- 11 million grocery products purchased in first five weeks of Price Rollback initiative.
- Customers saving an average of $1.3 million a week on Rollback essentials nationally.
- Butter at 2021 pricing most popular, with over 1 million blocks sold in first five weeks.
- Foodstuffs stores held grocery price increases 2.1% below food price inflation in May.
As inflation continues to drive price increases across the board, Kiwis have, so far, saved a total of $6.5 million on their weekly groceries as a result of Foodstuffs rolling back and reducing prices by an average of 10% on 110 essential grocery items to early 2021 levels, as part of the co-operatives’ actions to help ease the pressure on household budgets.
With food price increases at record levels globally, the two New Zealand owned co-operatives whose members locally operate the New World, PAK’nSAVE, and Four Square brands launched the Price Rollback initiative in mid-May, in a move that immediately reduced prices and was estimated at the time to save customers over half a million dollars each week nationally.
Foodstuffs NZ Managing Director, Chris Quin, says the savings customers have made in the first five weeks of the 13 week-long initiative are more than double the co-operatives’ commitment and estimations. The Price Rollback has meant Foodstuffs stores’ impact of reducing prices actually held grocery price increases at 4.7%, 2.1% below the food inflation rate of 6.8% in May.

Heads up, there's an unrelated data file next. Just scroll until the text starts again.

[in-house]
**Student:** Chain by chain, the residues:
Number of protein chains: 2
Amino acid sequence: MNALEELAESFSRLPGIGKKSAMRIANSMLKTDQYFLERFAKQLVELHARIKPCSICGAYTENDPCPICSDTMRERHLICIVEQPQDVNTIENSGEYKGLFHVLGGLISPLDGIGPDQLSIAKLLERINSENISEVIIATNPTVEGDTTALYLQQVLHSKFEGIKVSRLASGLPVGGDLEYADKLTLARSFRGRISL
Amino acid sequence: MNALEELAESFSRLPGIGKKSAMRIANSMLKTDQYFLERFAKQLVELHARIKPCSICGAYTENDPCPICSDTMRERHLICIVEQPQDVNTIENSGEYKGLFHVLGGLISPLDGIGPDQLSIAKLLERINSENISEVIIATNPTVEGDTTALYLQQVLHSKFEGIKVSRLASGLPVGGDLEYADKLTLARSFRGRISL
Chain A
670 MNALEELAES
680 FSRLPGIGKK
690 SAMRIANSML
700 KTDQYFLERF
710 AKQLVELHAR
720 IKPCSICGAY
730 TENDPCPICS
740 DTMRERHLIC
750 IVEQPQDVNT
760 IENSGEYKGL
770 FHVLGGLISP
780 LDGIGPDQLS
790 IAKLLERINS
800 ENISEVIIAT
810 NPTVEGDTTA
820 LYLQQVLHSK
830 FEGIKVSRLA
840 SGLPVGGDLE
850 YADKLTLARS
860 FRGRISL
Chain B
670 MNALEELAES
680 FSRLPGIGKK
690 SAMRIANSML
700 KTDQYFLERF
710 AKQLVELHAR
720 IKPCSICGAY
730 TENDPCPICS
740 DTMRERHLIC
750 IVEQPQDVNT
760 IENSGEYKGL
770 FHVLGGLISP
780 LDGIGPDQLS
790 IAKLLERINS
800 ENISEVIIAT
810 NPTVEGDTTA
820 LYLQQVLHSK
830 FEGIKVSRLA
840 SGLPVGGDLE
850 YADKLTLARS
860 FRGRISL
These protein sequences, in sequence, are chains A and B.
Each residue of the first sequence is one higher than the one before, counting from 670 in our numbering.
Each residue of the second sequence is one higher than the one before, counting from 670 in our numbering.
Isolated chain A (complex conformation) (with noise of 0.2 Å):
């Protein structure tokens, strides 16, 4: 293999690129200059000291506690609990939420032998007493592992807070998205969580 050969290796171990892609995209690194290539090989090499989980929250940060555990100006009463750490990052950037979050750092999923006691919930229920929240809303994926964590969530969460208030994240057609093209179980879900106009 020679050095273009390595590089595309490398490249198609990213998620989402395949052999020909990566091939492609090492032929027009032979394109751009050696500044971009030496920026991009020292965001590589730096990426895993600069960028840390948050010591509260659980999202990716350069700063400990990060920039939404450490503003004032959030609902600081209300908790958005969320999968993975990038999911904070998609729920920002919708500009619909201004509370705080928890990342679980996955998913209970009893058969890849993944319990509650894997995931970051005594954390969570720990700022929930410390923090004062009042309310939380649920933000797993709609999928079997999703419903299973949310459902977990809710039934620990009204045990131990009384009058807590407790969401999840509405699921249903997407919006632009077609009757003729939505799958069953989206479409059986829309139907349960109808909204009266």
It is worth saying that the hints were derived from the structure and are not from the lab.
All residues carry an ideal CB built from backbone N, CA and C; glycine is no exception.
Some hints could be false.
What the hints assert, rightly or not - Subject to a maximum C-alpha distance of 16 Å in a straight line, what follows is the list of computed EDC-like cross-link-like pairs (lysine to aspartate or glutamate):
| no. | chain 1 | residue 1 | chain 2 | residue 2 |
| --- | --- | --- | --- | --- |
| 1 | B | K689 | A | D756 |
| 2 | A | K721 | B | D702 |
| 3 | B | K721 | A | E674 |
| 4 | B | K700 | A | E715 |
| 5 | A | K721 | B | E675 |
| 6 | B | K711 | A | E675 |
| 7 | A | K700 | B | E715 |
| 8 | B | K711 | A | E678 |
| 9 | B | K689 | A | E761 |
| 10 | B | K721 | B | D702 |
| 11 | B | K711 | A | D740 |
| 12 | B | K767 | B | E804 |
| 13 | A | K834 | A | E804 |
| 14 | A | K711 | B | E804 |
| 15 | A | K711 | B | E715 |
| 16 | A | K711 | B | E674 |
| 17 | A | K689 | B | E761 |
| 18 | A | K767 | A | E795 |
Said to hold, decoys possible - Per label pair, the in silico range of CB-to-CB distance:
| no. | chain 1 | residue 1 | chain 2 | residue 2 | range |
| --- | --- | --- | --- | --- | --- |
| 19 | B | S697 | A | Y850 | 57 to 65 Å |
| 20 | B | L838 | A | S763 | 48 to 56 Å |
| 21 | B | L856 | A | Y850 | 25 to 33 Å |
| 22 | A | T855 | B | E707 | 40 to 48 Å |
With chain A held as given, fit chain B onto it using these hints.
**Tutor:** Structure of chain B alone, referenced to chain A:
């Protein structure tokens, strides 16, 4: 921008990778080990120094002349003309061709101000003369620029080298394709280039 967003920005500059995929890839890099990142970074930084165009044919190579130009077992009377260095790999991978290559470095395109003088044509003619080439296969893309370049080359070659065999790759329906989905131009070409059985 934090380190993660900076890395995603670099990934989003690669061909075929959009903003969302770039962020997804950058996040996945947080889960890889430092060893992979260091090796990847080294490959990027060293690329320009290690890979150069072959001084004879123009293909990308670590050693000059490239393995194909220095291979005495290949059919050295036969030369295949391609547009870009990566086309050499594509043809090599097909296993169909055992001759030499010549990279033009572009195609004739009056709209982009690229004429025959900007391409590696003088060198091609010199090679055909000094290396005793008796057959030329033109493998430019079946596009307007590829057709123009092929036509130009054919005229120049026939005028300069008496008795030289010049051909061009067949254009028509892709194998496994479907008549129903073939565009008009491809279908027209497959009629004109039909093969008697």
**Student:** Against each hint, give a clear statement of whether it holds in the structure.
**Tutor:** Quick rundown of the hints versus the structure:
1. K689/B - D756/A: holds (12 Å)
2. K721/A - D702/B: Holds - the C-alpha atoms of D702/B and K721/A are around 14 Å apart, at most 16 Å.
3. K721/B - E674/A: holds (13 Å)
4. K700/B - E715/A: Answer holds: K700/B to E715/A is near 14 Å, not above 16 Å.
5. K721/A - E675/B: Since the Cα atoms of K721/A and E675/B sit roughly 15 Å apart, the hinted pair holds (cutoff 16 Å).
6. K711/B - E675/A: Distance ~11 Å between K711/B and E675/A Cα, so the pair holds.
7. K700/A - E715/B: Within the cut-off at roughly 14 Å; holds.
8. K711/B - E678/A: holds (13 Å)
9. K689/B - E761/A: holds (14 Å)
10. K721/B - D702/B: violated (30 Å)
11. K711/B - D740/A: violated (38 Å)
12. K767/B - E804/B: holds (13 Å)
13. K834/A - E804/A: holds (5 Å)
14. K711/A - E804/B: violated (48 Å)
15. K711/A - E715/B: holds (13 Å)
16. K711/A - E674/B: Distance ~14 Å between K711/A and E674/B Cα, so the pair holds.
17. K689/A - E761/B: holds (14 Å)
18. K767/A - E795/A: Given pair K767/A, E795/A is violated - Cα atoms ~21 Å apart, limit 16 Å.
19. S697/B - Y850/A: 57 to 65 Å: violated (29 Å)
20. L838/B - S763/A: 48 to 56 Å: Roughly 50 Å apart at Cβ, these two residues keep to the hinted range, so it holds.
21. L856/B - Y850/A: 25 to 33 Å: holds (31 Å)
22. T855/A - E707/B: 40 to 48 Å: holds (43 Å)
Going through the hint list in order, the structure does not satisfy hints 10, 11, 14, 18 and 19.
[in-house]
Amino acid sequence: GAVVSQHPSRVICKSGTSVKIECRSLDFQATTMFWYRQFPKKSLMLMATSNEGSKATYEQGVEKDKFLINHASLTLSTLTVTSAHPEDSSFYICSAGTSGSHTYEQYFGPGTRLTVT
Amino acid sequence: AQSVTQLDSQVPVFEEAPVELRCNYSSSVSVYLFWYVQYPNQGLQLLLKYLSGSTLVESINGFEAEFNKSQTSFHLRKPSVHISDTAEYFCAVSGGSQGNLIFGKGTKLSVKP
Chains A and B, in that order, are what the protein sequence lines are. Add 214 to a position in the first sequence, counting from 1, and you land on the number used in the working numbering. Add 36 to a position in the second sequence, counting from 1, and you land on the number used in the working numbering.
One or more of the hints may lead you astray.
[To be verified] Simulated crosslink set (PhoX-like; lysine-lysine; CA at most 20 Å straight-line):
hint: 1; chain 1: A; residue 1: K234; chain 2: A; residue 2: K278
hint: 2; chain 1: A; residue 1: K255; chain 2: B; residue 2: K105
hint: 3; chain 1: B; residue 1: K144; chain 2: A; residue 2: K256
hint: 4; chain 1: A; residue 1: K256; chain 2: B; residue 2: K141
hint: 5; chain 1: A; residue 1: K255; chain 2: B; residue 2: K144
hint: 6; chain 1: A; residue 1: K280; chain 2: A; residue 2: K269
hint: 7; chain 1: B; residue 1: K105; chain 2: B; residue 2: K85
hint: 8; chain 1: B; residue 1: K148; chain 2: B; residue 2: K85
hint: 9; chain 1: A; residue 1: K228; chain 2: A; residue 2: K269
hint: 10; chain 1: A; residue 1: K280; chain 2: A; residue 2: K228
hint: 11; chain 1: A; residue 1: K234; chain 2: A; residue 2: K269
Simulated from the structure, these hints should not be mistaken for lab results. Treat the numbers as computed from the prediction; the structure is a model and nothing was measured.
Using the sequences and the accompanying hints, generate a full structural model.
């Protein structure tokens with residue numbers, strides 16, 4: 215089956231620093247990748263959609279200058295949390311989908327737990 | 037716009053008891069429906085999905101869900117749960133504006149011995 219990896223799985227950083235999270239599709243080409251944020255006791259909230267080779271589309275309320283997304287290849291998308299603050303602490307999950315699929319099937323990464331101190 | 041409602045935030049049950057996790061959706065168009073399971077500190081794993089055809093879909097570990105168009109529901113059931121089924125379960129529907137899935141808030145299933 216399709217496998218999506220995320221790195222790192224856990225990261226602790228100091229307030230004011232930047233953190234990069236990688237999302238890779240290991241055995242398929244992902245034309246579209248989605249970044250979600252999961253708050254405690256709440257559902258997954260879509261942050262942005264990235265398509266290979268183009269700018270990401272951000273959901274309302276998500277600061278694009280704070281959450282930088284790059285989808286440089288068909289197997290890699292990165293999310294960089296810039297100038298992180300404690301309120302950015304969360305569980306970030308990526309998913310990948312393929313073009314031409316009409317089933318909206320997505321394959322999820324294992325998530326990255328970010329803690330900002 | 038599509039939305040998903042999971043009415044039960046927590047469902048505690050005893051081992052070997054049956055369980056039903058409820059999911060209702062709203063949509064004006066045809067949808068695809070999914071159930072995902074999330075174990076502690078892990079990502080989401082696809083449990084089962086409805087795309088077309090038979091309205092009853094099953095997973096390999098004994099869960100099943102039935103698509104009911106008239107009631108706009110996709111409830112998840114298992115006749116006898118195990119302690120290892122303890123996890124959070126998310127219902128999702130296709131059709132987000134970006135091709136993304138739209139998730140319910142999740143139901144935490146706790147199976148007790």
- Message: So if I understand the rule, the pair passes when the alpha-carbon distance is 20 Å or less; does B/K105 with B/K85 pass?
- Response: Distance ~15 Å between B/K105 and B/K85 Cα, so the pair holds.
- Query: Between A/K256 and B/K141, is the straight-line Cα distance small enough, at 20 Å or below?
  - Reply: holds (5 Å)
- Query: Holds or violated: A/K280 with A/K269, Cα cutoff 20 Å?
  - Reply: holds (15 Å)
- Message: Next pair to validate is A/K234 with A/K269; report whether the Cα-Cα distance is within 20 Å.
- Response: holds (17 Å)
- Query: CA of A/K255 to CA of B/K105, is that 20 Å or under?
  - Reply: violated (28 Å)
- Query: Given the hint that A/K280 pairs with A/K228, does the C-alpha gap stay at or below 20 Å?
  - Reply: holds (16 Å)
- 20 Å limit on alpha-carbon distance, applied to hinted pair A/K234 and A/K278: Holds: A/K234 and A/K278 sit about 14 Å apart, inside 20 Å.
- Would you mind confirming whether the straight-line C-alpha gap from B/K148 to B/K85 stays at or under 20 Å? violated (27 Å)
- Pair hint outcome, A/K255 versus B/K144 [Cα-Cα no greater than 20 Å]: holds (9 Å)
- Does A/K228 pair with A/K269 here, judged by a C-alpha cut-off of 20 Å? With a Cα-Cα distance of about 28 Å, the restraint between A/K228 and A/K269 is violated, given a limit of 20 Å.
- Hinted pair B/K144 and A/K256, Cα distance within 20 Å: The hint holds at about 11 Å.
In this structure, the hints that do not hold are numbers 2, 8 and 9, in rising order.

“Every day, Kiwi shoppers and businesses are waking up to more headlines about price increases on everything from electricity, flights, fuel, restaurant meals and mortgages so we’re working hard to help customers find value every day. One of the goals we set ourselves was to keep prices increases lower than food price inflation and we are delivering this.”
“We’re tracking the results of the Price Rollback really closely. Our latest data shows customers are using the Rollback to save money on their weekly shop. In the first five weeks the Price Rollback has been running, 11 million of these grocery products have been purchased by our customers at a total saving of $6.5 million for our customers on these essential items.
“Averaging at $1.3 million in savings for customers each week, the Rollback Initiative has been funded 100% by Foodstuffs’ co-operative members, who own and operate their store in each community, are on the shop floor every day and committed to their local communities. As a result of this initiative, our stores are selling some items below cost.”
“This initiative is providing real savings for our customers, our store owners are absolutely committed to Rollback because they know the challenges their communities are facing this winter, with inflation eating into their household budgets.”
Foodstuffs identified 110 of the most commonly shopped grocery items to be rolled back and New World, PAK’nSAVE, and Four Square stores reduced prices by an average of 10% across this basket of goods. The basket includes frozen and fresh fruit and veges, meat and dairy products like butter and cheese, tea, coffee, sugar, flour, and personal care items like nappies and soap.
“These groceries are an important part of our customers’ weekly shop, and they have bought 11 million of them over the five-week period. The most popular products purchased in the rollback have been everyday essentials like butter and bread,” says Quin.